Premenstrual syndrome (PMS) is a group of symptoms that start one to two weeks before the period. Many women have at least some symptoms of PMS and many do not. The symptoms usually go away after the period start. For some women, the symptoms are severe enough to interfere with their lives. This type of PMS called premenstrual dysphoric disorder, or PMDD.
The causes of PMS are idiopathic (unknown), but hormonal changes and dysfunction of the cerebral subcortex and the autonomic nervous system appear to trigger the symptoms. No single PMS treatment works for everyone.
In Chinese medicine PMS is classified as Yu Zheng or depression syndrome caused by emotional injury leading to depression of the liver qi. Main symptoms of Liver Qi stagnation (depression) are: irritability, depression, over-emotional, easy to cry, breast distension, dizziness, headache, abdominal distending pain radiating to the chest under the ribs (the hypochondriac area).
PMS: Major classifications
- Liver Qi Invading the Stomach: nausea and vomiting
- Liver Qi Invading Intestines and Spleen: Constipation or diarrhea
- Liver Qi Stagnation with Liver Yang Rising: Headache, dizziness
- Liver Qi Stagnation with Phlegm Stasis: Painful breasts that are swollen
- Liver Qi Stagnation with Spleen and or Kidney Yang Deficiency: Edema, fluid retention
- Deficiency of Heart and Spleen: Lower back pain before period, listless, fatigue, cold limbs
- Fire due to Yin deficiency: Hot sensation palms and soles of feet, headache, irritable, tinnitus, bitter taste, night sweating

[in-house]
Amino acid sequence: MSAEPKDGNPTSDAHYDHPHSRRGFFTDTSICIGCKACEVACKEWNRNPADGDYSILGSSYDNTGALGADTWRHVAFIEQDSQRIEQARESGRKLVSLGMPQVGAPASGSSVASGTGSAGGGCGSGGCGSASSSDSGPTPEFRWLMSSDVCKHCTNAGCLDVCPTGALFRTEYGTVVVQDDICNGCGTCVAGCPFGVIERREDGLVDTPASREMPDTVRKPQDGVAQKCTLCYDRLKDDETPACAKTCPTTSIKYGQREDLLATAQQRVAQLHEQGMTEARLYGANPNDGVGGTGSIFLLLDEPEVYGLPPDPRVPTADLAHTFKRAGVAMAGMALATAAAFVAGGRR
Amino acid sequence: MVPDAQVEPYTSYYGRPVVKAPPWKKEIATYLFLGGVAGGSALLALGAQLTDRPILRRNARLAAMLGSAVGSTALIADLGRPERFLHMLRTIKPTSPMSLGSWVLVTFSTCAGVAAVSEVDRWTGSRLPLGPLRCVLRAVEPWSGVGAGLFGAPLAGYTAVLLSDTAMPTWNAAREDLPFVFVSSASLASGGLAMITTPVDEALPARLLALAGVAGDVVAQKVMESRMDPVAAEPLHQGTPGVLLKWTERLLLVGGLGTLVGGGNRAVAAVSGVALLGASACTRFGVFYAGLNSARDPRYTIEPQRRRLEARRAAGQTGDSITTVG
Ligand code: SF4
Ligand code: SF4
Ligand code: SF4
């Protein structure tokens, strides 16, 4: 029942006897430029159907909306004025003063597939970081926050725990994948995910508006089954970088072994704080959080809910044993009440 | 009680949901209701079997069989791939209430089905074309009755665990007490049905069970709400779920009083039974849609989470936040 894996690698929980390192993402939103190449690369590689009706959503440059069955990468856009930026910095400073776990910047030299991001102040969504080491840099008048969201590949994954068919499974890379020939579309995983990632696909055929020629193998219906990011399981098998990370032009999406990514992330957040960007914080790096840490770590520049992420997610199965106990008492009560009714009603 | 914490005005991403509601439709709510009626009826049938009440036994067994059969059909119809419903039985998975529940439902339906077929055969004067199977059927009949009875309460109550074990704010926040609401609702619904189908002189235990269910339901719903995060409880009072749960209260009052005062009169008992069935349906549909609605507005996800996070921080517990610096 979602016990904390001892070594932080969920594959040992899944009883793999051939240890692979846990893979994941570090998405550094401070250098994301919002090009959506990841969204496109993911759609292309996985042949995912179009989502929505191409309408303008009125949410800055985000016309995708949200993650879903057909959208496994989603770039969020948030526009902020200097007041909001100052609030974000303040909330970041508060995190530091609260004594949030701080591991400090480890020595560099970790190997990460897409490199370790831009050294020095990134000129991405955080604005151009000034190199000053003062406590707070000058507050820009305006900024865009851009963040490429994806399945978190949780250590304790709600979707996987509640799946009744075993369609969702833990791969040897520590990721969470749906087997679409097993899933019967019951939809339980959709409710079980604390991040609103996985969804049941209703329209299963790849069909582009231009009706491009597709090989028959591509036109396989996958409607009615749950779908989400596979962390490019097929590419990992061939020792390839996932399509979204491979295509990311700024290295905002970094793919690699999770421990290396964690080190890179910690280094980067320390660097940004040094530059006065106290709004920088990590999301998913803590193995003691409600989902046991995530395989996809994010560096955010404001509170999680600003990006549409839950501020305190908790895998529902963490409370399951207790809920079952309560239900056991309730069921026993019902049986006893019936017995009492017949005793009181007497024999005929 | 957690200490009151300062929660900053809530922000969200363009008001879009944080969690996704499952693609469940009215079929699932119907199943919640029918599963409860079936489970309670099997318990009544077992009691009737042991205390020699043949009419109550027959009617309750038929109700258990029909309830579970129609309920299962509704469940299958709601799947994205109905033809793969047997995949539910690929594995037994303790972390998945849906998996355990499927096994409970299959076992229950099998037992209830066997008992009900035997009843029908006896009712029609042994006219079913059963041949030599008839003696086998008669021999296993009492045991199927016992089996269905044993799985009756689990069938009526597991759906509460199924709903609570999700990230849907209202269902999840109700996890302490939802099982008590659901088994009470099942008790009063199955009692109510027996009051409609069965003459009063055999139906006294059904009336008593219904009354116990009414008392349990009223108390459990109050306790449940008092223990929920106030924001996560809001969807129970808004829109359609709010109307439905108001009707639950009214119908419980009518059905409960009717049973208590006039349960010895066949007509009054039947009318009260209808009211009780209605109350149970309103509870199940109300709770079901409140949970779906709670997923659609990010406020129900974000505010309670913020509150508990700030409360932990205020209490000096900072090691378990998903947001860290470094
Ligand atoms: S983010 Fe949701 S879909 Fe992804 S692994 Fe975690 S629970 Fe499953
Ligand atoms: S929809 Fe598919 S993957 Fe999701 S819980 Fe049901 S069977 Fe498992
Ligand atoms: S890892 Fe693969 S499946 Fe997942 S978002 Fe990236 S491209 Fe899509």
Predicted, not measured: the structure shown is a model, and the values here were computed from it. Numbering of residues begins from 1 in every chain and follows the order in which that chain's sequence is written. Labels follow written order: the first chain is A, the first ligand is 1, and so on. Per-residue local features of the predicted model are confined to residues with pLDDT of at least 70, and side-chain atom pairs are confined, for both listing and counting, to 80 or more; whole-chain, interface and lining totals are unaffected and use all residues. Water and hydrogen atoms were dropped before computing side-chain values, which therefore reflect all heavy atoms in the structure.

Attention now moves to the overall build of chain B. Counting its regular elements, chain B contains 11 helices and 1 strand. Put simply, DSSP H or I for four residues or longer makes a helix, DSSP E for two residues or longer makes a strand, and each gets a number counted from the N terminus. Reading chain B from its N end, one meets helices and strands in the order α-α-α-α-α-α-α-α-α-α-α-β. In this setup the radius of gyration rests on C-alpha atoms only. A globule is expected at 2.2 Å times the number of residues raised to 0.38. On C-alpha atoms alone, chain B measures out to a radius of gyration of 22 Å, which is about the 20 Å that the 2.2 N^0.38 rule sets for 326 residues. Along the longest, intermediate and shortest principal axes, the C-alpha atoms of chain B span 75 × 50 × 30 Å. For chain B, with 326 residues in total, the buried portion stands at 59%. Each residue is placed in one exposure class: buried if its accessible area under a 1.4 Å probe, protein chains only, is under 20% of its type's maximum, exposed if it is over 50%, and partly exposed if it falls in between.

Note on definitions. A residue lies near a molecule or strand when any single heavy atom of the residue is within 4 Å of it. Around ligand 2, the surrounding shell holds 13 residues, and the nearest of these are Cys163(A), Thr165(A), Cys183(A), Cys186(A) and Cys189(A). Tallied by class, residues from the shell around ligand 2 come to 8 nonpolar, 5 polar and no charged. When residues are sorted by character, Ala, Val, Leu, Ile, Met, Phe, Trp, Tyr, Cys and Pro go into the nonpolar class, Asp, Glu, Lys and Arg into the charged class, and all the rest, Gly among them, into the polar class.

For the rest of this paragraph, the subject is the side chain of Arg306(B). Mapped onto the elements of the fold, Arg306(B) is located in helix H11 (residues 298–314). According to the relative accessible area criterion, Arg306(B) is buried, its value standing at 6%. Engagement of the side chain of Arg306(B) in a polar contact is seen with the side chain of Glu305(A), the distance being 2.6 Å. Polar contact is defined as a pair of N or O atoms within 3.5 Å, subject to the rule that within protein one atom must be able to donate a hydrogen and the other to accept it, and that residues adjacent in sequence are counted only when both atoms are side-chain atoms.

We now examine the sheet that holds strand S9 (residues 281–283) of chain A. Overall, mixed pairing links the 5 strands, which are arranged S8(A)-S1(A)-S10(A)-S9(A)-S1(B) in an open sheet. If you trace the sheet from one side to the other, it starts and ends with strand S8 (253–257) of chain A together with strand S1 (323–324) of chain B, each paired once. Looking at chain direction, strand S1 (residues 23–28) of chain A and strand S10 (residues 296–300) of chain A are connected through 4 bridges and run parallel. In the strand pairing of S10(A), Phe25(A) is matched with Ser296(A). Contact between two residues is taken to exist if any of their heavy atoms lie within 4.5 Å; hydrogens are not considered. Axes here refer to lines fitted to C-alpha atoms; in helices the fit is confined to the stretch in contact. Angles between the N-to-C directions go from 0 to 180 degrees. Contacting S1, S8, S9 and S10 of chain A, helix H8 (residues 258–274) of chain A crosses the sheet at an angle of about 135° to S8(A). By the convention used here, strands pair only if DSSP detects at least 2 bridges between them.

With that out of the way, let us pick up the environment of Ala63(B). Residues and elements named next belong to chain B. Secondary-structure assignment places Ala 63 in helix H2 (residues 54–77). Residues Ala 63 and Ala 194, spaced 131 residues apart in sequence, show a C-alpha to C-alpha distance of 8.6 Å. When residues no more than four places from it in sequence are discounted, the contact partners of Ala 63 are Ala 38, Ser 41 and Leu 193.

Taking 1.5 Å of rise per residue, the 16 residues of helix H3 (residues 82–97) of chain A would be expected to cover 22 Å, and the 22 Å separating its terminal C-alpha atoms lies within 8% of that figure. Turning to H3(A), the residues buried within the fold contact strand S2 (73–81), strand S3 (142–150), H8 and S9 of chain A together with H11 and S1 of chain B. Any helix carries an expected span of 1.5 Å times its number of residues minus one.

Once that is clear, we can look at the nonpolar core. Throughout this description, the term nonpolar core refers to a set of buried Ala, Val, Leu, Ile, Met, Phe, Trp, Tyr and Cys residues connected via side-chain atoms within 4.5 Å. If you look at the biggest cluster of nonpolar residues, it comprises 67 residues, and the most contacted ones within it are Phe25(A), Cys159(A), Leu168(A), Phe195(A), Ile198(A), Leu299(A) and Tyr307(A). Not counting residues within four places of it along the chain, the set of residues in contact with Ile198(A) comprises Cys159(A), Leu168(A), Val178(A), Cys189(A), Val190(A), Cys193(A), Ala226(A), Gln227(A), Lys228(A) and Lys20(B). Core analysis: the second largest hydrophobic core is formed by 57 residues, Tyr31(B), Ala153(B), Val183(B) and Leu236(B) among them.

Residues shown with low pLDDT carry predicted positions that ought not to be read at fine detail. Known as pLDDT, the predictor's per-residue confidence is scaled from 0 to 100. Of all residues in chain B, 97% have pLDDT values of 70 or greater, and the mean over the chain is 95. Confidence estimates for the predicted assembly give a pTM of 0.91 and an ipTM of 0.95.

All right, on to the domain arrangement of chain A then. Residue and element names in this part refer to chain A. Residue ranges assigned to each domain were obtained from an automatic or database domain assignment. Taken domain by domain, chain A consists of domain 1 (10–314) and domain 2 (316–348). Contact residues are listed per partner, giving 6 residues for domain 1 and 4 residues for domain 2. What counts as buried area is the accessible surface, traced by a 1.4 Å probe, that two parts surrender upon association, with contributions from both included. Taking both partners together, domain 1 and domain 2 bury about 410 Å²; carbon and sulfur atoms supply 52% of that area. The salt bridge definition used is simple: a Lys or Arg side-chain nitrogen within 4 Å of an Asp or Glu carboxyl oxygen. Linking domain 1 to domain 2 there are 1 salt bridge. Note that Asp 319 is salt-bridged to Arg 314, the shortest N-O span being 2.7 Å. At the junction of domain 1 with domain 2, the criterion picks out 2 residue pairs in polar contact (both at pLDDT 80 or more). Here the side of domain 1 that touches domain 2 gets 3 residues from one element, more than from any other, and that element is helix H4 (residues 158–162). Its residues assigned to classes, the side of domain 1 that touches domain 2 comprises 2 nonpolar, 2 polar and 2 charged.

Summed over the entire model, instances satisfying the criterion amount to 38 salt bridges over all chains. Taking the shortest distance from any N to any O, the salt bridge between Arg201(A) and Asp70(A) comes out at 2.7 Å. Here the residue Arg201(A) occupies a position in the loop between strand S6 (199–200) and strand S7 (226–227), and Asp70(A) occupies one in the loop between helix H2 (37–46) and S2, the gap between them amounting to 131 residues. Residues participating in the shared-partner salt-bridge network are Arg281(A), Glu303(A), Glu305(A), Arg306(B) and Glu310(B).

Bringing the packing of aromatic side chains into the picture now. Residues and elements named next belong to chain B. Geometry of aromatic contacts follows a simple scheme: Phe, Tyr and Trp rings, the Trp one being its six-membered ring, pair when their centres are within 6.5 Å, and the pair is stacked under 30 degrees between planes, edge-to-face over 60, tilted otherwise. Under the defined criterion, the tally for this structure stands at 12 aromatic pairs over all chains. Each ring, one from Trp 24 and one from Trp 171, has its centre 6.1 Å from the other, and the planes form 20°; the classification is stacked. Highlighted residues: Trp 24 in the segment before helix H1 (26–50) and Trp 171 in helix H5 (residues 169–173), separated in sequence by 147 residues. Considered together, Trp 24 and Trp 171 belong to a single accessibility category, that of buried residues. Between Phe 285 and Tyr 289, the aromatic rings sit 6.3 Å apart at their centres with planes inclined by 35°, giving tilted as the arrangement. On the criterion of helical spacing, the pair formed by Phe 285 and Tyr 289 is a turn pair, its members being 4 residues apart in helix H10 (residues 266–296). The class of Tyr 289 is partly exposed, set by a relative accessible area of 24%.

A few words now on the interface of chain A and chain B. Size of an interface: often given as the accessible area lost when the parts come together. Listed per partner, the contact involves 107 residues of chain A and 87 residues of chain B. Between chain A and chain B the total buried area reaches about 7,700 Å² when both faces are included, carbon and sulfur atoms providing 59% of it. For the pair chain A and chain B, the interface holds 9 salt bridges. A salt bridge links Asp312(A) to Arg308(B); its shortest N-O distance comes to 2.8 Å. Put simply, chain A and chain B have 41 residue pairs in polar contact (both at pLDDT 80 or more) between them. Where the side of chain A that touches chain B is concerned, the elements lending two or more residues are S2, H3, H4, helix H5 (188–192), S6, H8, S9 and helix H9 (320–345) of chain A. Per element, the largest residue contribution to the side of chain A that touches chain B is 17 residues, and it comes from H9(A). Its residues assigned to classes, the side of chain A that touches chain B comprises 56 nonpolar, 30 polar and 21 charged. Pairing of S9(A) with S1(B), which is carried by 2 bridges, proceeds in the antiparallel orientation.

Dietary and life-style changes can be helpful. Daily exercise appears to be very beneficial. Over-the-counter pain relievers such as ibuprofen, aspirin or naproxen may help ease cramps, headaches, backaches and breast tenderness but these treatments do not address the root cause. Avoiding salt, caffeine and alcohol, exercising and getting enough sleep can also help.
Slowing down having some quiet time for you and meditate can be balancing of the emotional and physical sphere.
Having a partner that is supportive and understanding of your needs at this time is also very helpful. Remember to talk to your partner to help him or her understand what you are going through this communication will preserve the peace in your relationship.
- Advanced Modern Chinese Acupuncture Therapy By Gang Lin Yin, Zheng Hua Liu New World Press ©2000
- U.S. National Library of Medicine: PMS
- Chinese Acupuncture and Moxibustion (Revised Edition) By Cheng Xinnong, Cheng Kinnong Foreign Language Press, Beijing
- Obstetrics & Gynecology in Chinese Medicine By Giovanni Maciocia Churchill Livingstone © 1998
- National Women's Health Information Center